‘January 1683. This last winter was very open and warm; no frost at all, excepting some crainroch, or small frost, in some mornings in Janwary. Some flowers were budding in Janwary, as tansey, nettles, and others. A partridge nest was found then with eggs in it; and artichoes in some gardings growing to the bigness of a hen’s egg; pyats and birds were building their nests, and eggs found in some of them. In this year, 1683, astrologers observe that there is a famous conjunction of Saturn and Jupiter in Leo. These planets meet twice or thrice in that fiery regal sign, and astrologically boad great alterations in the World.’ (Law Memorialls, 238-9.)

Lord Fountainhall also commented on the same weather pattern:

‘This year [1683] we ware allarumed with ane strange conjunction was to befall in it, of the 2 planets, Saturne and Jupiter in Leo, observed by Argol and other Astronomers, and our prognosticators who all spoke of it as a thing very ominous, and which had only happened tuise before, since the creation of the world, and portended great alterations in Europe. And from England ther came some observations on the late comets, [and comet of 1680 here] which promised a furder treatise called Catastrophe Mundi;… all which helped to fright timorous melancholy peeple; and Mr. George Sinclar, the mathematician [and author of Satan’s Invisible World Discovered in c1685], did also call this planetary conjunction a very terrible on[e], in his Description of the weather glasse and hygroscope.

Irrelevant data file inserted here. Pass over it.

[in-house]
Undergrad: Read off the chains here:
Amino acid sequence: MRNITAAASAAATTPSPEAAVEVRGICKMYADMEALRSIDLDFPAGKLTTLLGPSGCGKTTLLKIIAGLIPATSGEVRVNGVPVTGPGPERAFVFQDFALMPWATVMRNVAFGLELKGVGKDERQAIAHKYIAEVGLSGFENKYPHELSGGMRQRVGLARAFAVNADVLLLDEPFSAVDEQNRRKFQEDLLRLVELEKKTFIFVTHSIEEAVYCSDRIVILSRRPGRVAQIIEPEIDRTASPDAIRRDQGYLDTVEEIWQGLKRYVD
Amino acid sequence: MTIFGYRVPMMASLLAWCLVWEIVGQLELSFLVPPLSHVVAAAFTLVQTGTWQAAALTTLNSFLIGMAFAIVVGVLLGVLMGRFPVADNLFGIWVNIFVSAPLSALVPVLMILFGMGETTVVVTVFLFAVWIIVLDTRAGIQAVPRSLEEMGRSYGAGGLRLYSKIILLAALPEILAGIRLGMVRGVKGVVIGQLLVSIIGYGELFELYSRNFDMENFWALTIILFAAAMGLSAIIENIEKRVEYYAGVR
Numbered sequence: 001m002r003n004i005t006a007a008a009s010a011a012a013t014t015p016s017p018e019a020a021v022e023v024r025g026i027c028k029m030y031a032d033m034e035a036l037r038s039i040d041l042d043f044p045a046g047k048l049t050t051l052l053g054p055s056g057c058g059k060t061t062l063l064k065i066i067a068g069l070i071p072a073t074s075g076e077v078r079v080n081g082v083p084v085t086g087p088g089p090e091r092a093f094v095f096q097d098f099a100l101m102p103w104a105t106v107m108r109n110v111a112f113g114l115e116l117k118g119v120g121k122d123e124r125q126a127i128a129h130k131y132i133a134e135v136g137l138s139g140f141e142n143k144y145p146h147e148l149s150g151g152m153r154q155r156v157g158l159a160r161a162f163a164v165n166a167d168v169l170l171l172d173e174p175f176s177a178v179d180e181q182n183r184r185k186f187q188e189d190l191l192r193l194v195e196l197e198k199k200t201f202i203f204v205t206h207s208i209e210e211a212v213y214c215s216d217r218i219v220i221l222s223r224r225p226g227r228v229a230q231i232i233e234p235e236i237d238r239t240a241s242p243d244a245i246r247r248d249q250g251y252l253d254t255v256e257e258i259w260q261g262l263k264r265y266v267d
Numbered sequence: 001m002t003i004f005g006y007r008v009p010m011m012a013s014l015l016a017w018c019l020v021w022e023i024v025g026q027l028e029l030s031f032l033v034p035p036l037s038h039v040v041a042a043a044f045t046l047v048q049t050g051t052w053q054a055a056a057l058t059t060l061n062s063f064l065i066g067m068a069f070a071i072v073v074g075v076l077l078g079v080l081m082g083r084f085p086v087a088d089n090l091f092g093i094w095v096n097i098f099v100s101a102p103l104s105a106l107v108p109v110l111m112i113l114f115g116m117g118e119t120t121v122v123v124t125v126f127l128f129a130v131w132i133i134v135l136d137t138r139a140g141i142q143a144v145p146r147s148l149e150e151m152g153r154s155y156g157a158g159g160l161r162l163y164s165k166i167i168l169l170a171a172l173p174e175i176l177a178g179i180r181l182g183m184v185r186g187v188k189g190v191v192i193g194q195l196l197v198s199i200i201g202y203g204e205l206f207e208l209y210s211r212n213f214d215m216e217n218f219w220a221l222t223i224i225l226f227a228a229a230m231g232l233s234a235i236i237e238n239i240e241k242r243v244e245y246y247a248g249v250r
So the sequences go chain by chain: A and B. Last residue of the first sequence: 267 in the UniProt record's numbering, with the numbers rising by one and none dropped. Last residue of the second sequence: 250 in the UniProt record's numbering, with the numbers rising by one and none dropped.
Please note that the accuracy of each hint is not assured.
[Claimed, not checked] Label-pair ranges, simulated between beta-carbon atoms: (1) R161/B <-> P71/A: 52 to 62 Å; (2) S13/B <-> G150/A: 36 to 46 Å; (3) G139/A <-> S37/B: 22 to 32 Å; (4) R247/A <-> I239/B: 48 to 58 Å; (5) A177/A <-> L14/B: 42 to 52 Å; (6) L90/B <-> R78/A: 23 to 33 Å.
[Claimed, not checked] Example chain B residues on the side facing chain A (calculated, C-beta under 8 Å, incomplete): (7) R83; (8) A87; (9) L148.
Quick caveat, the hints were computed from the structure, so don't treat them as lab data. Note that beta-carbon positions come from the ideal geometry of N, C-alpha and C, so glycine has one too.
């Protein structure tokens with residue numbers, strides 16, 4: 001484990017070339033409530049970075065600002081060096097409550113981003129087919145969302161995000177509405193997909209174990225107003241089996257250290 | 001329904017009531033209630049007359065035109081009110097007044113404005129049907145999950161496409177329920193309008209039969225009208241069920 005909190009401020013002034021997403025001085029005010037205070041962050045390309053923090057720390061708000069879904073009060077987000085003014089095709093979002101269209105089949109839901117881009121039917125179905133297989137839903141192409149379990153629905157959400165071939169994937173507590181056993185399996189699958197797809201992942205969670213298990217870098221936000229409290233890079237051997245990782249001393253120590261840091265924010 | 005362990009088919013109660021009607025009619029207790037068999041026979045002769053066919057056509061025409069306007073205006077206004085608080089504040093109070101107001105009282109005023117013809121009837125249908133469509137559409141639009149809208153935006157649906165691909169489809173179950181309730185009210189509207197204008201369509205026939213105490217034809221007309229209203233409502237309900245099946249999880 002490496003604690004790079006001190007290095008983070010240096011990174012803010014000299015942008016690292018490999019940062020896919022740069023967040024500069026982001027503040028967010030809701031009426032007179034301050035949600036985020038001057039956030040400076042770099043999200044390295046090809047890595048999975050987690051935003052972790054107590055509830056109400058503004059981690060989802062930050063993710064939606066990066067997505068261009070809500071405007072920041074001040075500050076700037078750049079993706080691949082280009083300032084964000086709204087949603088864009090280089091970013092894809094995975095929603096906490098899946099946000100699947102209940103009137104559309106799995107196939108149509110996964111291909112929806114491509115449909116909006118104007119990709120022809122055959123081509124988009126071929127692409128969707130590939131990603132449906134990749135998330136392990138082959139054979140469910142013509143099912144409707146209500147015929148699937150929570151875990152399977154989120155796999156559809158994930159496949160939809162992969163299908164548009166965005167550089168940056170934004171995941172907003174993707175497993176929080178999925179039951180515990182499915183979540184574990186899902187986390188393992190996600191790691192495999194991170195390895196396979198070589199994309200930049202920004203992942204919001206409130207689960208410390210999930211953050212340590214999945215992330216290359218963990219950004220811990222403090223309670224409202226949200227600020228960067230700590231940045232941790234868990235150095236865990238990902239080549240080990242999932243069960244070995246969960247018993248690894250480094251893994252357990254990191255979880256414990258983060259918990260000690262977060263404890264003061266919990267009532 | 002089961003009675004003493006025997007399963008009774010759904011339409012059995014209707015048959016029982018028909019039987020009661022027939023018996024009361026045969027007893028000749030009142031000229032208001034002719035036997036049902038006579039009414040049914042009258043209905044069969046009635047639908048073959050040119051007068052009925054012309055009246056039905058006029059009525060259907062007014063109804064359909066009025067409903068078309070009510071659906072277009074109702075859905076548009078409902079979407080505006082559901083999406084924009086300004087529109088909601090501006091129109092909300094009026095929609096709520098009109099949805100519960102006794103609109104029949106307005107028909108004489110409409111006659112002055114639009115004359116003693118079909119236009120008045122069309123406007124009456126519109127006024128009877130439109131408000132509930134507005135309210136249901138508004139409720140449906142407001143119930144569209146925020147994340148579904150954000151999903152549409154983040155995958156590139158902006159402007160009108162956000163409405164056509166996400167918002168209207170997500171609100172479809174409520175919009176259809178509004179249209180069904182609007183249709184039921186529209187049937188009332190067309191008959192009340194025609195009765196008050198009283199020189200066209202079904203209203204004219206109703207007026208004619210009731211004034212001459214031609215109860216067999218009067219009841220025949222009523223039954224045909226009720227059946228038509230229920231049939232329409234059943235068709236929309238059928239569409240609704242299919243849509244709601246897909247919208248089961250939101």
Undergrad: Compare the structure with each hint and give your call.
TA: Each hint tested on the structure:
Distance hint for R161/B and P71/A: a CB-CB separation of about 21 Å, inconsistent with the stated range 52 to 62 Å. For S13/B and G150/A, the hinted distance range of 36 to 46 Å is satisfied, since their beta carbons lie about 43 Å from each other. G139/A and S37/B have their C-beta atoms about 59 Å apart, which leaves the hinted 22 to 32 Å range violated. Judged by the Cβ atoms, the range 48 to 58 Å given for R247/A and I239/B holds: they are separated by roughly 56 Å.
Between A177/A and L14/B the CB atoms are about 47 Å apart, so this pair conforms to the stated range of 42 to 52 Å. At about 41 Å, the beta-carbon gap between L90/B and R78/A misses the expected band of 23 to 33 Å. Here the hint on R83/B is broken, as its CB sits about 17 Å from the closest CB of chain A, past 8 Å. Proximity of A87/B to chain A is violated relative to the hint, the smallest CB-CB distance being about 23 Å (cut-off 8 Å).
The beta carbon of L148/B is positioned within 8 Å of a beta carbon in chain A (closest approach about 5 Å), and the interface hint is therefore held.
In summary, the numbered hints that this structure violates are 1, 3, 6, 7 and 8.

Our winter, from November 1682 till March 1683, was rather like a spring for mildnes: if it be to be ascrybed to this conjunction I know not.’ (Lauder, Historical Observes, 88.)

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Text © Copyright Dr Mark Jardine. All Rights Reserved. Please link to this post on Facebook or retweet it, but do not reblog in FULL without the express permission of the author @drmarkjardine